This sim­ple approach is not the right fit for every sit­u­a­tion, an alter­na­tive would be to leave the __context field on the Kine­sis records and let the han­dler func­tion deal with them as it sees fit. In which case you would also need to update the shared libraries — the loghttpsns and kinesismod­ules we have talked about so far — to give the caller to option to pass in a requestContext as over­ride.

This way, the han­dler func­tion can process the Kine­sis records in a batch. Where it needs to log or make a net­work call in the con­text of a spe­cif­ic record, it can extract and pass the request con­text along as need be.

The End

That’s it, folks. A blue­print for how to cap­ture and for­ward cor­re­la­tion IDs through 3 of the most com­mon­ly used event sources for Lamb­da.

Here’s an anno­tat­ed ver­sion of the archi­tec­ture dia­gram ear­li­er, show­ing the flow of data as they’re cap­tured and for­ward­ed from one invo­ca­tion to anoth­er, through HTTP head­ers, mes­sage attrib­ut­es, Kine­sis record data.

You can find a deploy­able ver­sion of the code you have seen in this post in this repo. It’s intend­ed for demo ses­sions in my O’Reilly course detailed below, so doc­u­men­ta­tion is seri­ous­ly lack­ing at the moment, but hope­ful­ly this post gives you a decent idea of how the project is held togeth­er.

Other event sources

There are plen­ty of event sources that we didn’t cov­er in this post.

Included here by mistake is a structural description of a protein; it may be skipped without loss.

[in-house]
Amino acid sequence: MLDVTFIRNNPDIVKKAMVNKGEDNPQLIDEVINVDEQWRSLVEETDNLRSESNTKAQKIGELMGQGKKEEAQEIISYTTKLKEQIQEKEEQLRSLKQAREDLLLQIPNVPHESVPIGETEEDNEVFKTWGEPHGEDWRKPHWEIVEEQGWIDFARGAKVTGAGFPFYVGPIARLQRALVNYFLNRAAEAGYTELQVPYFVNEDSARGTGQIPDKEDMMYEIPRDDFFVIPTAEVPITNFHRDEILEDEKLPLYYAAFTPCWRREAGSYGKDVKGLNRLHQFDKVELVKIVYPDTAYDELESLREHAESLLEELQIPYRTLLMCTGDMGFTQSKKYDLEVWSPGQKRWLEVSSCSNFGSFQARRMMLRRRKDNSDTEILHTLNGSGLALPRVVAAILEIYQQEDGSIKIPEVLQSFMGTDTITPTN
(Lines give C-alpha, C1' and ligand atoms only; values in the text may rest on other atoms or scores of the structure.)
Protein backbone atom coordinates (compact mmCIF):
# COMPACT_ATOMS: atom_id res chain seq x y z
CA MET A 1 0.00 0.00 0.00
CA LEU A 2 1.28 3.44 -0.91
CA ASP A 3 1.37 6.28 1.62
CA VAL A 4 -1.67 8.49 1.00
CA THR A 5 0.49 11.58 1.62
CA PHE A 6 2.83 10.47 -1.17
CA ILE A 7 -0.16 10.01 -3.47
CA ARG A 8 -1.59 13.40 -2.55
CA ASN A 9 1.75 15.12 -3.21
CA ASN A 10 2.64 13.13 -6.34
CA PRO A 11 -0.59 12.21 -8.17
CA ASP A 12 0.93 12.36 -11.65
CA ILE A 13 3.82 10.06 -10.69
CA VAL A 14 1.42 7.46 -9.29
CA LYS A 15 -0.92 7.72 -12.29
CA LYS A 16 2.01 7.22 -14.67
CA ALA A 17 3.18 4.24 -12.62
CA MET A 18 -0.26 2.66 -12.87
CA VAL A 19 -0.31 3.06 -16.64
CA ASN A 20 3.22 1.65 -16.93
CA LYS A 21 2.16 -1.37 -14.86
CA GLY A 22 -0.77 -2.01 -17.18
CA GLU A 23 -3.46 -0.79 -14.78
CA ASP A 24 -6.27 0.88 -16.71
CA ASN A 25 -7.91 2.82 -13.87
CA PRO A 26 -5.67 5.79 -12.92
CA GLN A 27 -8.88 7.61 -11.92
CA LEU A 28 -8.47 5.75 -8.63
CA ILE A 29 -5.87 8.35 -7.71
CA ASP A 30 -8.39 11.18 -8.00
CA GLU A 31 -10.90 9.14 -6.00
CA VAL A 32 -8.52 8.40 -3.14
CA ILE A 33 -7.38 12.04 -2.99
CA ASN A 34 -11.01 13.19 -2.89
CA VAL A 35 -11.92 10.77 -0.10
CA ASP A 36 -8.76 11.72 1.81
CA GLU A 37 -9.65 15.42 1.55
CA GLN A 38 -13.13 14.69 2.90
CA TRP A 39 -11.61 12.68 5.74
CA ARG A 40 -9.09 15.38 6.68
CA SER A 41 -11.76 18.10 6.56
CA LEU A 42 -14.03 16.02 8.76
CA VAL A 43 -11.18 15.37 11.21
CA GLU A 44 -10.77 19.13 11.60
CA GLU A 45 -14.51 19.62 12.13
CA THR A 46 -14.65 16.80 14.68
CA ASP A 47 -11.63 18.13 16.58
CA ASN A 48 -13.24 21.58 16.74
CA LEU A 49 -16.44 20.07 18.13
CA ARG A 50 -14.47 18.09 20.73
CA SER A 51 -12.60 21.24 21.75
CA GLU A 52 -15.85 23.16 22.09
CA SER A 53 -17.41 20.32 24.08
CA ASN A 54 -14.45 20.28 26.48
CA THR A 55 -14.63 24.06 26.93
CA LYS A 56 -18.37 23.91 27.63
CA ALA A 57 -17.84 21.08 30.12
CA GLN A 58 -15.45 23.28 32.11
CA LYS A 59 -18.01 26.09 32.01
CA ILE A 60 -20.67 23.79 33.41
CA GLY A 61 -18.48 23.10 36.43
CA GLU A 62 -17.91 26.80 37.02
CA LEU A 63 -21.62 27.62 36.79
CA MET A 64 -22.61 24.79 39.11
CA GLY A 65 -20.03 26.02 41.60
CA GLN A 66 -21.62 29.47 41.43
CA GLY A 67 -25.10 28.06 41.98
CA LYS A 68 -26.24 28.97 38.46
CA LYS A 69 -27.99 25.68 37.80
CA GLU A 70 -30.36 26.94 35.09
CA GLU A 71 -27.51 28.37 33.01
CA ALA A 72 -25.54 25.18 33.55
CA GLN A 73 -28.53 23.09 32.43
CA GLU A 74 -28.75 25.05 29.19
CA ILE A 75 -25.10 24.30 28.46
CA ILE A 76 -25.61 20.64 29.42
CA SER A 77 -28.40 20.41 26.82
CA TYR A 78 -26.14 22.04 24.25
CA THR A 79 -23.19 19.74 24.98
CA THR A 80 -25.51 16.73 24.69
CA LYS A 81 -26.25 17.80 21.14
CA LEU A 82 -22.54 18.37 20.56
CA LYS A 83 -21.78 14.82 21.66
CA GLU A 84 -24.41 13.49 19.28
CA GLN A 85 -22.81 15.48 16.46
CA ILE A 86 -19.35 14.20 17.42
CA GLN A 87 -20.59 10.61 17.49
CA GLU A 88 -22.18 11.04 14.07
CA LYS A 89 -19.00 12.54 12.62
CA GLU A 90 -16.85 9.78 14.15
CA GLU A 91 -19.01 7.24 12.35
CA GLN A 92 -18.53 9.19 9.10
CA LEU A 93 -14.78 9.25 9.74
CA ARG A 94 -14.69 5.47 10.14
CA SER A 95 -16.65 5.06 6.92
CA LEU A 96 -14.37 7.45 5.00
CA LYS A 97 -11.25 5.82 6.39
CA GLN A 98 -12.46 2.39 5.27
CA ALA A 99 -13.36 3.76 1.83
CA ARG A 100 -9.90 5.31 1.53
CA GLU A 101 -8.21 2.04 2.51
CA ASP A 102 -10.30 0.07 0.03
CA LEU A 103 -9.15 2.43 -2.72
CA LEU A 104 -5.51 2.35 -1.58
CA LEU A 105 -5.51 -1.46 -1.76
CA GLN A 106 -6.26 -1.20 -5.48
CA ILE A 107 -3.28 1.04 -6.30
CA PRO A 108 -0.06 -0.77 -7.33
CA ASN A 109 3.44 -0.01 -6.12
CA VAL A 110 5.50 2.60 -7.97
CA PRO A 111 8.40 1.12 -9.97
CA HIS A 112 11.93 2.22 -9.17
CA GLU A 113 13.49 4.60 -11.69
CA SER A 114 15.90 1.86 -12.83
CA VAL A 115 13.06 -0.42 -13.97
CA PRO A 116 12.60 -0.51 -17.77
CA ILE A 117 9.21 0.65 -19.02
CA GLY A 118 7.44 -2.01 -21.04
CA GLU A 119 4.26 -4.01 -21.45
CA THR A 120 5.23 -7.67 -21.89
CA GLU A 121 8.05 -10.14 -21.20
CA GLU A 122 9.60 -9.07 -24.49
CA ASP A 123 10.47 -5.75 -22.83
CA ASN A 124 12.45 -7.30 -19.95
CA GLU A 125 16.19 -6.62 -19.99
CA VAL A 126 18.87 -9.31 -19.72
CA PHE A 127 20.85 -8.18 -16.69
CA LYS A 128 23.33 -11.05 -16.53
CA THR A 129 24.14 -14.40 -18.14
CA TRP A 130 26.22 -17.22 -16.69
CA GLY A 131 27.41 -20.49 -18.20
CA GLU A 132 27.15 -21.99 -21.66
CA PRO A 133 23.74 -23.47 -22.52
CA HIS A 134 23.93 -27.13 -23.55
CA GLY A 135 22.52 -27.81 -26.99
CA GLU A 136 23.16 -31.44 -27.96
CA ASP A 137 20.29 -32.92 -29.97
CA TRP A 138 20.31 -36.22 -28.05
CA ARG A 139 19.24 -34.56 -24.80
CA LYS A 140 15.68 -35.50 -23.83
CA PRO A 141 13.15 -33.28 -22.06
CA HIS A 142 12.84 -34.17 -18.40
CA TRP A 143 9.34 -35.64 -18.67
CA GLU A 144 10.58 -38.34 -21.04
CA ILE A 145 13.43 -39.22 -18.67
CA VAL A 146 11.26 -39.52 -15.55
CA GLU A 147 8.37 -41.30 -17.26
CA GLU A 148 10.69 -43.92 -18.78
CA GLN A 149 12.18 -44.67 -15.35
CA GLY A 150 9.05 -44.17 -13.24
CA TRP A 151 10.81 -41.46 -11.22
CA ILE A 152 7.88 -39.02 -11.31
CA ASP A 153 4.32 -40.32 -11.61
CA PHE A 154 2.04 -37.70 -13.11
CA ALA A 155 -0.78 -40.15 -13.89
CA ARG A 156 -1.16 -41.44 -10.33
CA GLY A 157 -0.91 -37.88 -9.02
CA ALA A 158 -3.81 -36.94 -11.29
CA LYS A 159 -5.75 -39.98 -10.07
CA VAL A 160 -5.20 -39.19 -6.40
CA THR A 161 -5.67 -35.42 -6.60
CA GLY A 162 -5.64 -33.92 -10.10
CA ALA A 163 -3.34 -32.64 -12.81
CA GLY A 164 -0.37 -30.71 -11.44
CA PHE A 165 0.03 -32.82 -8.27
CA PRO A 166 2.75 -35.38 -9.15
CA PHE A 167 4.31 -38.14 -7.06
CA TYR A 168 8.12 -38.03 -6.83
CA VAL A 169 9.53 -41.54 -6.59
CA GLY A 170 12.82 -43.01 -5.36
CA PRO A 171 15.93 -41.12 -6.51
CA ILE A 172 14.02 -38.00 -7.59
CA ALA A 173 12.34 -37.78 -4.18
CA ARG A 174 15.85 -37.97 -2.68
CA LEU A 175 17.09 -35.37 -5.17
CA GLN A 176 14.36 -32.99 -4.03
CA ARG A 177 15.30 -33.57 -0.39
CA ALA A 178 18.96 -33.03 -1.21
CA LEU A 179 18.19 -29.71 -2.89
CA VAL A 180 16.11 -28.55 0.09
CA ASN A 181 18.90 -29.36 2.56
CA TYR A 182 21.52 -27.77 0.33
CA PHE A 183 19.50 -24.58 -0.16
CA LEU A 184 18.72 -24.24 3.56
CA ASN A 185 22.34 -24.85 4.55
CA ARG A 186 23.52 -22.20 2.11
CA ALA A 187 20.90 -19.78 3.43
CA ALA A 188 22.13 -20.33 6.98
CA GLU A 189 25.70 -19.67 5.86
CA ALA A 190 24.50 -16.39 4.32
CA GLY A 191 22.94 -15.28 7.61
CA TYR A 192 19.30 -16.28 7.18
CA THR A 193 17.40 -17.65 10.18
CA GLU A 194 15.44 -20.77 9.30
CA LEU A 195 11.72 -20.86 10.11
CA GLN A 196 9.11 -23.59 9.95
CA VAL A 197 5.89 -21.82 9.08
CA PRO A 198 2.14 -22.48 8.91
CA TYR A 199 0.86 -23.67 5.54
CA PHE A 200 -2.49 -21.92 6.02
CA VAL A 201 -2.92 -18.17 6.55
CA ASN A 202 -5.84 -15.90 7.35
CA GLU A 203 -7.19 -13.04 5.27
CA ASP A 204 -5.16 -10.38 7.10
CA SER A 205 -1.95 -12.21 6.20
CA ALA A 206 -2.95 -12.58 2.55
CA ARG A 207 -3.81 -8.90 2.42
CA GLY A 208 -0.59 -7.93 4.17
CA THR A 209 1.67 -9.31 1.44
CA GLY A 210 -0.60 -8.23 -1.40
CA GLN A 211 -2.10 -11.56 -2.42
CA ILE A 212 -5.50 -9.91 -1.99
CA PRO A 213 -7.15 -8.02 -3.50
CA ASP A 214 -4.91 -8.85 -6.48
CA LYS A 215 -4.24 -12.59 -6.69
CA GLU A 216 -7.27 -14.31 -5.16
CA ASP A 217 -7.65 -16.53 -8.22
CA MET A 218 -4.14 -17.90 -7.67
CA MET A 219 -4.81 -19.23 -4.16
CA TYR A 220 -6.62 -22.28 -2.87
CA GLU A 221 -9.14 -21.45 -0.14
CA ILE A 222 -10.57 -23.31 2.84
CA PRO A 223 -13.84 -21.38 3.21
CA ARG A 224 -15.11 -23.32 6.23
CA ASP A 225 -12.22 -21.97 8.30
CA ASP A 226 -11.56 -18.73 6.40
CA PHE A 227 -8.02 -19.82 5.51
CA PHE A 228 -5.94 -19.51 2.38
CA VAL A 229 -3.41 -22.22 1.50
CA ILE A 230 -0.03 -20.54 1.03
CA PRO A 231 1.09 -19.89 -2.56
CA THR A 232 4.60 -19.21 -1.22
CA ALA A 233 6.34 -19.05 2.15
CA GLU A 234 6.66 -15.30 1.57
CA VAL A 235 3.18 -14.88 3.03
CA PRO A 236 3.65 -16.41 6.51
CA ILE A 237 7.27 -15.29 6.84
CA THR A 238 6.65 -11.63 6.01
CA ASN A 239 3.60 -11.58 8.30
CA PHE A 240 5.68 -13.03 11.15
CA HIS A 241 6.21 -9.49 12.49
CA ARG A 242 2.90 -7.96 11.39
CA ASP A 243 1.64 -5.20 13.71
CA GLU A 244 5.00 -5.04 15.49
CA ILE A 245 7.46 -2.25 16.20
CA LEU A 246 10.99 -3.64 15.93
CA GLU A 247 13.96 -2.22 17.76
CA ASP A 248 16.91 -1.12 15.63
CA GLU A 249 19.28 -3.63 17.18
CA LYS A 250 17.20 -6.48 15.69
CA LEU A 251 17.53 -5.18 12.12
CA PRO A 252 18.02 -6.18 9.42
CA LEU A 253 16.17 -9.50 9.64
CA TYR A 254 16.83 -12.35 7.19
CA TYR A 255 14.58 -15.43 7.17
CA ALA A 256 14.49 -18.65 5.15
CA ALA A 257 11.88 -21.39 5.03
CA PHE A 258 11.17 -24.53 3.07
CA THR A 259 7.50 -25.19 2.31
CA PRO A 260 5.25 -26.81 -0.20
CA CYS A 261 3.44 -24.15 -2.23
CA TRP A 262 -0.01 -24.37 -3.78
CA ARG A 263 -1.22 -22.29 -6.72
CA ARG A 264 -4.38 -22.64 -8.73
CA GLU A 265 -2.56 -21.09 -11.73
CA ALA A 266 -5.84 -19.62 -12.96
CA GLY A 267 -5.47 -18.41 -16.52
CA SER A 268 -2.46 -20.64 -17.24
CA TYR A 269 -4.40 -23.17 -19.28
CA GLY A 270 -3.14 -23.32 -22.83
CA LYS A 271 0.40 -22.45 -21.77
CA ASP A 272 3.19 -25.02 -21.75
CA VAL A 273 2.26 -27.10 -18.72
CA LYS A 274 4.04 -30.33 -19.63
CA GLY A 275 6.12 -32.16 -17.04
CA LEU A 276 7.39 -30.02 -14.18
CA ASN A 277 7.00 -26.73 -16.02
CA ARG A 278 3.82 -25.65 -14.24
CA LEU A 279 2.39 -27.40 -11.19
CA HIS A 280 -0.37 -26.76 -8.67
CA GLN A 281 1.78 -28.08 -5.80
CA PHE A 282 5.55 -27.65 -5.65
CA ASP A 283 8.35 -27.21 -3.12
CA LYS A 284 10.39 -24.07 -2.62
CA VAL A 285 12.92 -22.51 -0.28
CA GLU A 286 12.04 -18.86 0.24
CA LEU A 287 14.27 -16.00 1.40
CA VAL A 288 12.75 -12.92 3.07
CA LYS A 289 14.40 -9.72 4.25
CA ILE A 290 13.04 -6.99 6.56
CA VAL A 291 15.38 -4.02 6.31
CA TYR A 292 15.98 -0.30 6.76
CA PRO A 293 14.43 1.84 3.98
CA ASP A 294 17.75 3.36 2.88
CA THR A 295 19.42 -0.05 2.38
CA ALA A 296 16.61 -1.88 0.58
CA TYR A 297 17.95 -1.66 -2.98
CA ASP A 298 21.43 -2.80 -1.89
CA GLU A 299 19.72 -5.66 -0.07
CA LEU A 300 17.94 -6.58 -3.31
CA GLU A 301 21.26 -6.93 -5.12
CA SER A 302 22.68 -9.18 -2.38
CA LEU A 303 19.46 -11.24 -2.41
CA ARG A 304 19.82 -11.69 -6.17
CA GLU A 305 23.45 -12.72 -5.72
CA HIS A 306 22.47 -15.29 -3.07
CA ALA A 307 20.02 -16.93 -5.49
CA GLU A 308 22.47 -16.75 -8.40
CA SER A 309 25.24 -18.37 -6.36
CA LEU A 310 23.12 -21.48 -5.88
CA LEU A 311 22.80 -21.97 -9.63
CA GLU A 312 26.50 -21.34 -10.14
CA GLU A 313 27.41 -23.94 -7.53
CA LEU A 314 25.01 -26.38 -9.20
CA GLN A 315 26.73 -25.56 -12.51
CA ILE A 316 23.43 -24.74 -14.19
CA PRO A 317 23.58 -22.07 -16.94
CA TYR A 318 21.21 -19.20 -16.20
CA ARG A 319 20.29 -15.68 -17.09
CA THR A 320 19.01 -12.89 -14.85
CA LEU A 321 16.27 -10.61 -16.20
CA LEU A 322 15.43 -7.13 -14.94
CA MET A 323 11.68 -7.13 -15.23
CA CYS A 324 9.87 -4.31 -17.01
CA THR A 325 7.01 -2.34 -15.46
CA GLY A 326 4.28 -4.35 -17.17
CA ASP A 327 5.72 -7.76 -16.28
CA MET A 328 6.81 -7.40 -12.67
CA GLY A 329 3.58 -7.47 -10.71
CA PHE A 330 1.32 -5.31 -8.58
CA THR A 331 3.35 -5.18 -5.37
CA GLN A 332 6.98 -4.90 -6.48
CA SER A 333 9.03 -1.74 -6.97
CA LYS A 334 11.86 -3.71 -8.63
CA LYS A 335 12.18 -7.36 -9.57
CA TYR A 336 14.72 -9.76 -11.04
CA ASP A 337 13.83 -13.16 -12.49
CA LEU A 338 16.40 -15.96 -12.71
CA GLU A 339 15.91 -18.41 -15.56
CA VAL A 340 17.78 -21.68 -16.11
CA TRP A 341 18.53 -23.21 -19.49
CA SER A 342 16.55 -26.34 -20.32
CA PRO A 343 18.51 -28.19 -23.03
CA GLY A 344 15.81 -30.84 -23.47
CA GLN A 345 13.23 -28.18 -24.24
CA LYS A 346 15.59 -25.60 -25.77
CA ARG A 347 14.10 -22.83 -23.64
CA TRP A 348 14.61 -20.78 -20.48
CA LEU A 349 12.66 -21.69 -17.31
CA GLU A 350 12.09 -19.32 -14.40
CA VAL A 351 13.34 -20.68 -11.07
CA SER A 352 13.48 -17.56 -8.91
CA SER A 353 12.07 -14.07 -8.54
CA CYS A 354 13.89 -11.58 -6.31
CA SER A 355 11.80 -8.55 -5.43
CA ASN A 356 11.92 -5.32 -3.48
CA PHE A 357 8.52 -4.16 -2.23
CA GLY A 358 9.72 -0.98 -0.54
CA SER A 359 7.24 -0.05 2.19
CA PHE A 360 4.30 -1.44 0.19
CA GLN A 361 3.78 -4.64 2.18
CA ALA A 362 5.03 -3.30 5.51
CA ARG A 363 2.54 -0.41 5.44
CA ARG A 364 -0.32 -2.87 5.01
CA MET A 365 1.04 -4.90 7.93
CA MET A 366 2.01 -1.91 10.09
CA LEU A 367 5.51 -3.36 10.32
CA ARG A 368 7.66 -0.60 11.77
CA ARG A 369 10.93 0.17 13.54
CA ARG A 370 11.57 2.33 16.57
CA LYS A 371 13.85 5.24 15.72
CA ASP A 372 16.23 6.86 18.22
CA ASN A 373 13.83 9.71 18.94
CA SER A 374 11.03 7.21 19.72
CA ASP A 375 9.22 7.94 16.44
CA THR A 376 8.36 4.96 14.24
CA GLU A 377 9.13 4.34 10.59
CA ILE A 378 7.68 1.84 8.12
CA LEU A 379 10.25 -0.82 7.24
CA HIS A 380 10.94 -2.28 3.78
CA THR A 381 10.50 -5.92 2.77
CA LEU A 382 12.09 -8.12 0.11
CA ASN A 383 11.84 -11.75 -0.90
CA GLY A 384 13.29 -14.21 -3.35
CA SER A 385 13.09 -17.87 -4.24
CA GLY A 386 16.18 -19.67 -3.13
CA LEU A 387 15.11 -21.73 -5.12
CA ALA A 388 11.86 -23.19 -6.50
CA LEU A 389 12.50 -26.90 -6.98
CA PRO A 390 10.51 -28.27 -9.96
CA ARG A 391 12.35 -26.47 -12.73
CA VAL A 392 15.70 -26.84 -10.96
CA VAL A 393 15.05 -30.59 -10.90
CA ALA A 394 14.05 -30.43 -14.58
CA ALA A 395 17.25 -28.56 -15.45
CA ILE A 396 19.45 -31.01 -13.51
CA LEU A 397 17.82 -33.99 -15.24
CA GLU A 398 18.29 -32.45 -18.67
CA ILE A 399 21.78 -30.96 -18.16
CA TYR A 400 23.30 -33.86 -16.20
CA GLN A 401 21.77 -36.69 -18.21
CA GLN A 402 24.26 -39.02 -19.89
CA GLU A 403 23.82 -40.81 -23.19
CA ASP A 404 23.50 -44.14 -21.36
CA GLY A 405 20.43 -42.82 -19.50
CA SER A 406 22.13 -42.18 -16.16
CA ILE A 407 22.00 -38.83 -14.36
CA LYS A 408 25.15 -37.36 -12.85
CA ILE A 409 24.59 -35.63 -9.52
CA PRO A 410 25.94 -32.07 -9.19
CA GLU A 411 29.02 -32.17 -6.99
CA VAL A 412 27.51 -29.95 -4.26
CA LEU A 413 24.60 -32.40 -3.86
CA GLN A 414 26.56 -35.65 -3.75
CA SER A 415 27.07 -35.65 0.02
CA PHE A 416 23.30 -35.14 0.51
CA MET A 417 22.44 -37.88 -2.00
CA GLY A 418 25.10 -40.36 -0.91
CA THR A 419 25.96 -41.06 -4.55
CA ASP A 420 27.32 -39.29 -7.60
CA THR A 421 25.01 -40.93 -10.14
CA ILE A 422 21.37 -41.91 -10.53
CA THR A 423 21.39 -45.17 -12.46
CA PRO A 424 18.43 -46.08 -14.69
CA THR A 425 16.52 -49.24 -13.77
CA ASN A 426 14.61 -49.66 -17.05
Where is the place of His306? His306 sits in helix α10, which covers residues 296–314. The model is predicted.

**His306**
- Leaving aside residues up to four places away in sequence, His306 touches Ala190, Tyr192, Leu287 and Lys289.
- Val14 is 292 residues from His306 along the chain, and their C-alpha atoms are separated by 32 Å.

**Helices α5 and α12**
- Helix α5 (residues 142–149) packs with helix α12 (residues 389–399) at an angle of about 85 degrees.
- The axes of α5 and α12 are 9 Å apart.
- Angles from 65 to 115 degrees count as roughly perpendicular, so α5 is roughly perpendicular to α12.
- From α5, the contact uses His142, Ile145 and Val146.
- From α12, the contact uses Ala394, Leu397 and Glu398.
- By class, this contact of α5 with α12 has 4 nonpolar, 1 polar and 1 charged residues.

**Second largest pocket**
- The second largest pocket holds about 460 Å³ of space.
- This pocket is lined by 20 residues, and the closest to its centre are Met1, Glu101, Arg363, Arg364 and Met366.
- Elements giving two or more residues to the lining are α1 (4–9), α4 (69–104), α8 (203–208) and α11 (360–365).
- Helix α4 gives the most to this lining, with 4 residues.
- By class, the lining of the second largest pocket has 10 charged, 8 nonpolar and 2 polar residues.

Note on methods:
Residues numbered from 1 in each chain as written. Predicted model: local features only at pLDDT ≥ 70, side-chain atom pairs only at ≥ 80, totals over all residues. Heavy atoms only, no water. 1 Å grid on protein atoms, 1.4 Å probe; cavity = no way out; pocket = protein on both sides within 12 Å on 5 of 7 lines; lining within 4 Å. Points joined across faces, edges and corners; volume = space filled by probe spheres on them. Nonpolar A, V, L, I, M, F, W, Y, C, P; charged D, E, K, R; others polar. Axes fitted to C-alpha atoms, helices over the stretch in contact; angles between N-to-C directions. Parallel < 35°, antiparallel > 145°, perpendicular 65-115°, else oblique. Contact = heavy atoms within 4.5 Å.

It’s not pos­si­ble to pass cor­re­la­tion IDs through every event source, as some do not orig­i­nate from your sys­tem — eg. Cloud­Watch Events that are trig­gered by API calls made by AWS ser­vice.

And it might be hard to pass cor­re­la­tion IDs through, say, DynamoDB Streams — the only way (that I can think of) for it to work is to include the cor­re­la­tion IDs as fields in the row (which, might not be such a bad idea but it does have cost impli­ca­tions).

Like what you’re read­ing but want more help? I’m hap­py to offer my ser­vices as an inde­pen­dent con­sul­tant and help you with your server­less project — archi­tec­ture reviews, code reviews, build­ing proof-of-con­cepts, or offer advice on lead­ing prac­tices and tools.

I’m based in Lon­don, UK and cur­rent­ly the only UK-based AWS Server­less Hero. I have near­ly 10 years of expe­ri­ence with run­ning pro­duc­tion work­loads in AWS at scale. I oper­ate pre­dom­i­nant­ly in the UK but I’m open to trav­el­ling for engage­ments that are longer than a week. To see how we might be able to work togeth­er, tell me more about the prob­lems you are try­ing to solve here.

I can also run an in-house work­shops to help you get pro­duc­tion-ready with your server­less archi­tec­ture. You can find out more about the two-day work­shop here, which takes you from the basics of AWS Lamb­da all the way through to com­mon oper­a­tional pat­terns for log aggre­ga­tion, dis­tri­b­u­tion trac­ing and secu­ri­ty best prac­tices.

If you pre­fer to study at your own pace, then you can also find all the same con­tent of the work­shop as a video course I have pro­duced for Man­ning. We will cov­er top­ics includ­ing:

  • authen­ti­ca­tion & autho­riza­tion with API Gate­way & Cog­ni­to
  • test­ing & run­ning func­tions local­ly
  • CI/CD
  • log aggre­ga­tion
  • mon­i­tor­ing best prac­tices
  • dis­trib­uted trac­ing with X-Ray
  • track­ing cor­re­la­tion IDs
  • per­for­mance & cost opti­miza­tion
  • error han­dling
  • con­fig man­age­ment
  • canary deploy­ment
  • VPC
  • secu­ri­ty
  • lead­ing prac­tices for Lamb­da, Kine­sis, and API Gate­way

You can also get 40% off the face price with the code ytcui. Hur­ry though, this dis­count is only avail­able while we’re in Manning’s Ear­ly Access Pro­gram (MEAP).